November may already be halfway over, but we wanted to take a moment to highlight a few shows you can sandwich your Thanksgiving festivities with. Unlike the in-laws you may be wishing weren’t returning to town next week, Australia’s Alex Lahey and mandolinist Chris Thile (of Nickel Creek and The Punch Brothers) will both back in Boston. Check out our team’s picks for the second half of November:

Monday, November 13, 2017

Circuit des Yeux at Great Scott -Selected by Charley

Chicago-based experimental folk musician Haley Fohr, or Circuit des Yeux, released her compelling new album Reaching For Indigo this October, an album that’s rich with texture and emotion, ranging from minimally avant-garde, Philip Glass inspired compositions to psychedelic-folk numbers similar to the recent works of Robert Plant. Fohr’s live performances are captivating, emotionally charged, and unpredictable, and therefore, a thrilling experience. I am beyond excited to review this show for Sound of Boston.

Wednesday, November 15, 2017

Alex Lahey at Great Scott  -Selected by Haley

2017 has treated Alex Lahey very well. On top of performing at SXSW and festivals with the likes of Cyndi Lauper and Blondie, the Australian singer-songwriter’s debut LP just received rave reviews from Rolling Stone, The New York Times, and Pitchfork. Oh, and this past weekend, she announced that she’ll be performing on Late Night With Seth Meyers. Produced by her independent label, Nicky Boy Records, I Love You Like A Brother features charismatic lyrics that speak candidly about the vulnerable, sometimes uncomfortable, experiences in early adulthood.

Lahey’s relaxed yet engaging vocals, upbeat, rhythmic melodies, and memorable guitar riffs present this material with delightful and unapologetic frankness. Her music diverges from other artists preaching relatable millennial angst that has you weeping in your room wondering where the simple times went. Instead, you’ll be up and grooving, thinking “Yeah, I’m $30k in debt, had one too many beers this week, and have a career path that changes more than the weather in Boston, but I guess this is what being alive feels like!”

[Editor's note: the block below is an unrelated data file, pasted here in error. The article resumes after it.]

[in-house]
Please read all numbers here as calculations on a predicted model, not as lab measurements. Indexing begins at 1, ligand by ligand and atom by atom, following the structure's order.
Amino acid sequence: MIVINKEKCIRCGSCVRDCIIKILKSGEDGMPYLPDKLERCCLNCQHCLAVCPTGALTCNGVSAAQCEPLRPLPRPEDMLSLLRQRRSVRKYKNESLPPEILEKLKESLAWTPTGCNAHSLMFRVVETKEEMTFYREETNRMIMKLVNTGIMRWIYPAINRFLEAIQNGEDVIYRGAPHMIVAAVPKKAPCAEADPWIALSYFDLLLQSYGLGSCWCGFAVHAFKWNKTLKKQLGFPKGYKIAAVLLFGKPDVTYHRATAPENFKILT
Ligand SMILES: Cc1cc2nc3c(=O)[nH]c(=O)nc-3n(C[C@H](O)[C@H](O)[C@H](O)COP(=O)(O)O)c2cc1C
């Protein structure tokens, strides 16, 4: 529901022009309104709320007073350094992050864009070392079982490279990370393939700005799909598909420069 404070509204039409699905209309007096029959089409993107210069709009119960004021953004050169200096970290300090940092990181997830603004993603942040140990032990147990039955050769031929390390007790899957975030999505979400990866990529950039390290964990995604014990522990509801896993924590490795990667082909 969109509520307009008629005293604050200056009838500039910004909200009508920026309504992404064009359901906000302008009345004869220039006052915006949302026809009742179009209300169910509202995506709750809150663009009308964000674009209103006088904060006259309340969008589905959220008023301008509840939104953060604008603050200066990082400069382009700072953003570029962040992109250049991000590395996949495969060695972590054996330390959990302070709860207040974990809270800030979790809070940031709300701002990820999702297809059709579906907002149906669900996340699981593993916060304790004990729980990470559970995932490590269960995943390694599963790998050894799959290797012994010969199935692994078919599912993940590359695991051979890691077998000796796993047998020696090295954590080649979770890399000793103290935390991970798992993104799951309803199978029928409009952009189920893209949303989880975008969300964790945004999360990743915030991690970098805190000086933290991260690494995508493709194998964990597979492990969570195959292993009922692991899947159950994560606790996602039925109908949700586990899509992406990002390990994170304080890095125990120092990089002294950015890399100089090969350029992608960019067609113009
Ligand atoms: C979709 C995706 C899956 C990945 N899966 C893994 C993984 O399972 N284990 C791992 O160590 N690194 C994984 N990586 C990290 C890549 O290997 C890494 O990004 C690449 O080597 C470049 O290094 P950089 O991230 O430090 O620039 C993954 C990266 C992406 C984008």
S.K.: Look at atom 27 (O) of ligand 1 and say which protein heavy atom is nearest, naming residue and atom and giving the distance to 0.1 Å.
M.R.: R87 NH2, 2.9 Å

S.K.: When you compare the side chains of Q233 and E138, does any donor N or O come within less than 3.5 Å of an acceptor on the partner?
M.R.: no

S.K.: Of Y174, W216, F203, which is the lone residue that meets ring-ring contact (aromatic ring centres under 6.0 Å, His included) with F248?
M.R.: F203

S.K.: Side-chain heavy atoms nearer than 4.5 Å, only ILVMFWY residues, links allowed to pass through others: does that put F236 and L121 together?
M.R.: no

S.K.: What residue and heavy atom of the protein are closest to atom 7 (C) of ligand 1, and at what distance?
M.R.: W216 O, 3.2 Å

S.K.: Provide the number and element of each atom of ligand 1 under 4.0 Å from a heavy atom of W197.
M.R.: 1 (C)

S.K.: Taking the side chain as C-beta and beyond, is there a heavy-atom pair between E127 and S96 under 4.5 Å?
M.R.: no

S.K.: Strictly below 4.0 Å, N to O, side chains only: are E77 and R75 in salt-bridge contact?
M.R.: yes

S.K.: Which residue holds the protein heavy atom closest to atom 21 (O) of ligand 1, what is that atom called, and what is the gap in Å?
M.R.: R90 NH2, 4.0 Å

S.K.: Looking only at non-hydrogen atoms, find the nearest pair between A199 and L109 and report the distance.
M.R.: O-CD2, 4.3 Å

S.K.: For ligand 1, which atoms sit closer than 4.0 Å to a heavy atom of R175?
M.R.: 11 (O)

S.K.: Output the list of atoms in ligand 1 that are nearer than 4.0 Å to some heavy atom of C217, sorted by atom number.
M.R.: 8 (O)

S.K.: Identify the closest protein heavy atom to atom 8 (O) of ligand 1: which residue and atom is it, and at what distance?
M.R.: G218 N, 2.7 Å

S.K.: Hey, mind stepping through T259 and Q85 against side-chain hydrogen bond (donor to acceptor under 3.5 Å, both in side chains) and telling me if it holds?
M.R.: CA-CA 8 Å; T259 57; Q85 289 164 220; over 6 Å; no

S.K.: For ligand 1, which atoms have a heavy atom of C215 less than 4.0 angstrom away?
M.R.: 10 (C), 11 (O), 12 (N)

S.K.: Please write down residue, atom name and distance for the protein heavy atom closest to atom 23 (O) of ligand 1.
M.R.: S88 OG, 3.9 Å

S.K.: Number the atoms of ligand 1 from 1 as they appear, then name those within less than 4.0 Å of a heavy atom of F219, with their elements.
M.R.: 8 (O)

Alex Lahey finished her first US tour in the spring at Great Scott. On Wednesday night, she’ll be gracing us again with her effortlessly cool presence at the first US show on her “I Love You Like A Bother Tour.” Who better to welcome her back to the states than a wonderfully disillusioned and grungy Allston crowd? I know I’ll be spending hump day attending (and reviewing) this show – see you there!

Tuesday, November 21, 2017

Chris Thile at the Sanders Theatre, -Selected by Meaghan

If you’re into folk music of any flavor, Chris Thile is required viewing. He is simply the most talented mandolin player I’ve ever seen, and he’s a velvet-throated singer to boot. The guy oozes musical talent; he’s a MacArthur Genius grant fellow, for crying out loud. Thile has also played with everyone.

It’s well known that Bob Boilen makes a point not to have acts at the Tiny Desk more than once; Chris Thile has managed to play the Tiny Desk at least four times, all with different acts.  Along with Sara and Sean Watkins, he first made his name as part of the folk and bluegrass band Nickel Creek, and later became the front man of the Punch Brothers. Thile oscillates between folk and classical music and has played with the likes of Yo Yo Ma. If none of this has convinced you to check him out, Thile’s performance style is incredibly entertaining. While he makes sweet, sweet music, he also makes some very funny faces.

Tuesday, November 28, 2017

Jacob Banks at The Sinclair-Selected by Knar

While the driving rhythms of electronic-infused soul of Jacob Banks are sure to bring you back to life after Thanksgiving feast food coma, the real reason why you shouldn’t miss the British-Nigerian artist is his deep, hearty vocals. Some tracks, like “Photograph” have more of the sad pop flavor of Sam Smith (fitting, considering he has supported Smith on tour in the past, alongside other big names like big soul-pop artists Alicia Keys and Emeli Sandé) but “Mercy” and “Chainsmoking” carry a sort of cinematic feeling of grandness that will fill the Sinclair.

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